We’ve all seen the person in the corner of Starbucks, leeching on the electrics and making one espresso last three hours. Heck, we’ve probably all been there. It’s a common cafe owner’s lament, how to encourage people to come again without overstaying their welcome.
We’re working from home (see local cafe/softplay/carpark) more than ever and some hospitality businesses have started capitalising on our ever-increasing need to ‘hang around’.
“There’s a societal need for individuals to dwell in city centres,” says Ben Davies, marketing manager of Liverpool-based cafe Ziferblat, which works on a pay-per-minute model. Instead of paying for the coffee to use the space, people who wish to linger for social or work reasons pay eight pence per person per minute and everything else is free. Says Davies, “Our relaxed atmosphere is designed to be comfortable and inviting to encourage guests to stay. We have super fast wi-fi, soft furnishings, domestic kitchens with unlimited teas, coffees, cakes, biscuits, fruits, cereals and breakfast goods.” There are also newspapers, board games and crafts. Dogs are even allowed.
“Cafe culture is here to stay,” says Davies, simply, “we feel embracing this culture head on is the best recipe for success in urban areas.”
While encouraging customers to spend more time in store is not a new thing, actively encouraging them to plug their laptops in and mess around on Facebook is. A study from Samsung found that 37 per cent of people rate their favourite coffee shop on whether there’s free WiFi and 60 per cent consider it important when picking a cafe. And we all know that WiFi users have social media and we all know what social media is good for.
“People are working differently today,” agrees Darren Elliott, founder of Timberyard, which has locations in Old Street, Seven Dials and Soho in London. The chain fuses creative workspaces speciality tea and coffee and, says Elliott, “challenges the traditional coffee shop format by encouraging its customers to stay as long as they like and providing products, services and environments that are conducive to their evolving needs.”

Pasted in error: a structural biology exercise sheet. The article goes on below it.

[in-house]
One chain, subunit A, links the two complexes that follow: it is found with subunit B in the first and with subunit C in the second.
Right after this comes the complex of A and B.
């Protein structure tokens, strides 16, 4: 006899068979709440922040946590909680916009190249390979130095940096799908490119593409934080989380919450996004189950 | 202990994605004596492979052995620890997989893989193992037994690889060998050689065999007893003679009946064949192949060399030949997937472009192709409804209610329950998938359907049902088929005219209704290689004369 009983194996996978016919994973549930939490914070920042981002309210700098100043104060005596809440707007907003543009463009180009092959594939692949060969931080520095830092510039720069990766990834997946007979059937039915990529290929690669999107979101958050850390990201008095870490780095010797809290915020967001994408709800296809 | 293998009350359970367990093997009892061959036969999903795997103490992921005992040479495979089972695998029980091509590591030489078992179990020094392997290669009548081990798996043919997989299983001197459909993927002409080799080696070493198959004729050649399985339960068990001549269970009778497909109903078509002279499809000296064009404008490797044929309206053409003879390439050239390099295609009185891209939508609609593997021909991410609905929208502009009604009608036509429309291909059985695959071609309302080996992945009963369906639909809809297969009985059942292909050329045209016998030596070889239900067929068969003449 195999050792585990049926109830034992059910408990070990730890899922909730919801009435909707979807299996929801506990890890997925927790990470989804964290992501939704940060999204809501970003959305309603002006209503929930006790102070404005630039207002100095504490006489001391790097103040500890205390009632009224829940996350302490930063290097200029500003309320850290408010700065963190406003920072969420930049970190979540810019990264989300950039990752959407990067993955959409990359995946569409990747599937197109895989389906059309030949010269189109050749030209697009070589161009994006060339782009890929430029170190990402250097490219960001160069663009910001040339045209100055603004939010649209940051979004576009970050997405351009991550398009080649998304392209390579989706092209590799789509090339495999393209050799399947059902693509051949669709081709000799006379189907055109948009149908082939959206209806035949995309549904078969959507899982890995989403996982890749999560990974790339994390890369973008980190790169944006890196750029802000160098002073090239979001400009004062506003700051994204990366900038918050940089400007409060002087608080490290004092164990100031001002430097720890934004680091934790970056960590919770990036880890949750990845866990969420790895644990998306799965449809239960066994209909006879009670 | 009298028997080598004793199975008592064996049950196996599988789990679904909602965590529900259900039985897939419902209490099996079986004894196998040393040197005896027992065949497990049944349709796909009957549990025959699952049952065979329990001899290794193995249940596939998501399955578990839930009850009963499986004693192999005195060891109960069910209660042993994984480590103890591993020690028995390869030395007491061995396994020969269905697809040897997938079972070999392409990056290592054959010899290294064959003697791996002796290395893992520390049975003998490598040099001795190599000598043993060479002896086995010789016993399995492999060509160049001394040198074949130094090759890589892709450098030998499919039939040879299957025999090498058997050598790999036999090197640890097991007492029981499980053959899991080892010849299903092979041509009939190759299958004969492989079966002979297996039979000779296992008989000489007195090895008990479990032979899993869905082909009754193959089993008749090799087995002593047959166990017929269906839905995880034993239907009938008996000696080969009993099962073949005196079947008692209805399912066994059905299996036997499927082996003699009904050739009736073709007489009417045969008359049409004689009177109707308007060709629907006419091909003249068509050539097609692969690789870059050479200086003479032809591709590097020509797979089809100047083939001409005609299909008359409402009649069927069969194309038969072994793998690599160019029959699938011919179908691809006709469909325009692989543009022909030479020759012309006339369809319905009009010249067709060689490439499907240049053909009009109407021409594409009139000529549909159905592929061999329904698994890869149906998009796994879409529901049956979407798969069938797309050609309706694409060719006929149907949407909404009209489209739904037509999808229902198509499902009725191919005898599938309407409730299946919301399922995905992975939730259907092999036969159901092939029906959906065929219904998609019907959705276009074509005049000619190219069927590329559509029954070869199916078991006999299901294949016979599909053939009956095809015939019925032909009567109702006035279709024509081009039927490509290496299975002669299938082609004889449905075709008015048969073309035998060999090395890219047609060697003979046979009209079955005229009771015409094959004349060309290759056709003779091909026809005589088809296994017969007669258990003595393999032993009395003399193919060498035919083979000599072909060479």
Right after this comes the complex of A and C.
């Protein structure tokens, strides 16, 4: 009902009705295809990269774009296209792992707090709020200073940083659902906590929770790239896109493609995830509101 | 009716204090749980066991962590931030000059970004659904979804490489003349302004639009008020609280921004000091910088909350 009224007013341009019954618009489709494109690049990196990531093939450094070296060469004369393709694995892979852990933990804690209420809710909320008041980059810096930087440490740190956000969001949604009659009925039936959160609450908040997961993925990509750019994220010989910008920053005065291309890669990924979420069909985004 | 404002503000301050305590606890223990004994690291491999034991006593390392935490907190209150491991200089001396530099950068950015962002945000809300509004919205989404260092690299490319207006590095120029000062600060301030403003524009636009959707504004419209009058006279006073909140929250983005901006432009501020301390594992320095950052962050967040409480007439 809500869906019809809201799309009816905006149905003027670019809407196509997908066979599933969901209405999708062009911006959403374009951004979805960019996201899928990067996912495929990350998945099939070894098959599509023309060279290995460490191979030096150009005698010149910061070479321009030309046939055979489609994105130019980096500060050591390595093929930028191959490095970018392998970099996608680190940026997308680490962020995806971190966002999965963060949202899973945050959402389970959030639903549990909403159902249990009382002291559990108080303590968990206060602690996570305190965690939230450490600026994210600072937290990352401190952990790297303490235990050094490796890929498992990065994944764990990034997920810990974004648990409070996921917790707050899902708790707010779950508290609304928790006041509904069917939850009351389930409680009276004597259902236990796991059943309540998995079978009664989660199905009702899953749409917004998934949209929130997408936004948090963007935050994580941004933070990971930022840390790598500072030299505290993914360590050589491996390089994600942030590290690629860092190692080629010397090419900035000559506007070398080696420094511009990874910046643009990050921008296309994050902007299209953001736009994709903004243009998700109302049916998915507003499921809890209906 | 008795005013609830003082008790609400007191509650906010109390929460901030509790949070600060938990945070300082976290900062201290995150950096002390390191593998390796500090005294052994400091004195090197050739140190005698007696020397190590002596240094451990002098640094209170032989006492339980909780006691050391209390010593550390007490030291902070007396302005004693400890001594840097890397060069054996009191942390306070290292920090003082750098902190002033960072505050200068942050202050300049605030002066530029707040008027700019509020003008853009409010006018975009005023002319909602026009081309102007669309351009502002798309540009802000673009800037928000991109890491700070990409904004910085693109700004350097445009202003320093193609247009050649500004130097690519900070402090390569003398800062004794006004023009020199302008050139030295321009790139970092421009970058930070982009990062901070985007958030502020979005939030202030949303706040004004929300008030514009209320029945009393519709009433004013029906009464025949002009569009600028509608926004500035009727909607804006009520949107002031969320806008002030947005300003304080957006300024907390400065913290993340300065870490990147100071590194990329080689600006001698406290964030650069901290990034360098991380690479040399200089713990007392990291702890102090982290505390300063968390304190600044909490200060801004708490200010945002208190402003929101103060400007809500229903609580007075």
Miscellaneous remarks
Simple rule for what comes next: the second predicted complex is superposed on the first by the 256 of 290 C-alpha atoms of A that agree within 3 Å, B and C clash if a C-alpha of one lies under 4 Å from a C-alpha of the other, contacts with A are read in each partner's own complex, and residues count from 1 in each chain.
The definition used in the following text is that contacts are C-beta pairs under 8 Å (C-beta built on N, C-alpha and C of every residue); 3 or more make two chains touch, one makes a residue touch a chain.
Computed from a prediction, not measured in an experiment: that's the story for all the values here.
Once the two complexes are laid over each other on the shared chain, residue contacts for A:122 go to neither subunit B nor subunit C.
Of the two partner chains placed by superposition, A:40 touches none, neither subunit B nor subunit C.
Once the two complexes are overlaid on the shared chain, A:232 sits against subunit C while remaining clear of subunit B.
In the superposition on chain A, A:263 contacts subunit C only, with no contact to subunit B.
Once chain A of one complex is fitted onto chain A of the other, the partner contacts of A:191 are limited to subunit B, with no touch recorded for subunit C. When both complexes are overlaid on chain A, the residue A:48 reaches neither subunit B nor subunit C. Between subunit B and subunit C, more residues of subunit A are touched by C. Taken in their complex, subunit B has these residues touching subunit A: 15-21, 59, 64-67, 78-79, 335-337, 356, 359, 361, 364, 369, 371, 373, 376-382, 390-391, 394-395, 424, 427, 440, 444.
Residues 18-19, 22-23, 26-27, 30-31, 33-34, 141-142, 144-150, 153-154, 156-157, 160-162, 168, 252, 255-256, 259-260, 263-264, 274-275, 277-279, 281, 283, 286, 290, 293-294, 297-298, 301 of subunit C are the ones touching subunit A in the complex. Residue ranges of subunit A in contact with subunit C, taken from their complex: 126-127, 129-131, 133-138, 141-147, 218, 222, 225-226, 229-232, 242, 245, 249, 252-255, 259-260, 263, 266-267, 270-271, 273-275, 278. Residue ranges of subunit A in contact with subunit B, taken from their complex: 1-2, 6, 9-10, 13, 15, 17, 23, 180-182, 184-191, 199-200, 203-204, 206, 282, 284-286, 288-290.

Elliott believes that by encouraging punters to stick around, he is also contributing to the greater good: “More than 30 creative new enterprises have been established, books have been written, food and drink products have been conceived, online services have been coordinated.” He adds, “Timberyard also gave light to The Giggling Pig, a delicious pork crackling snack product that was since renamed The Snaffling Pig and has gone on to achieve funding from TV show Dragon's Den.”
The fact is, that all the while you’ll always get the dude charging his many devices for the cost of a cuppa, you’ll also get the woman who brings all her business associates for every lunch meeting and books several tables for her events.
It’s not just trendy city-centre coffee shops cashing in. Anthea Orchard runs Cardelium, a small, independent card, gift and balloon shop in Halifax. She says, “We don’t have a heavy footfall like in a large town centre so I have more time to give my customers one-to-one.” She frequently makes her customers a cup of tea and encourages them to sit and chat or just hang out. “People love it,” she says, “I feel like an agony aunt some days, giving relationship advice or listening to people disclosing the worst about terminal illnesses.” It pays off, “I have some lovely reviews on Facebook,” Orchard says, “saying how welcome they feel. It makes people want to come back.”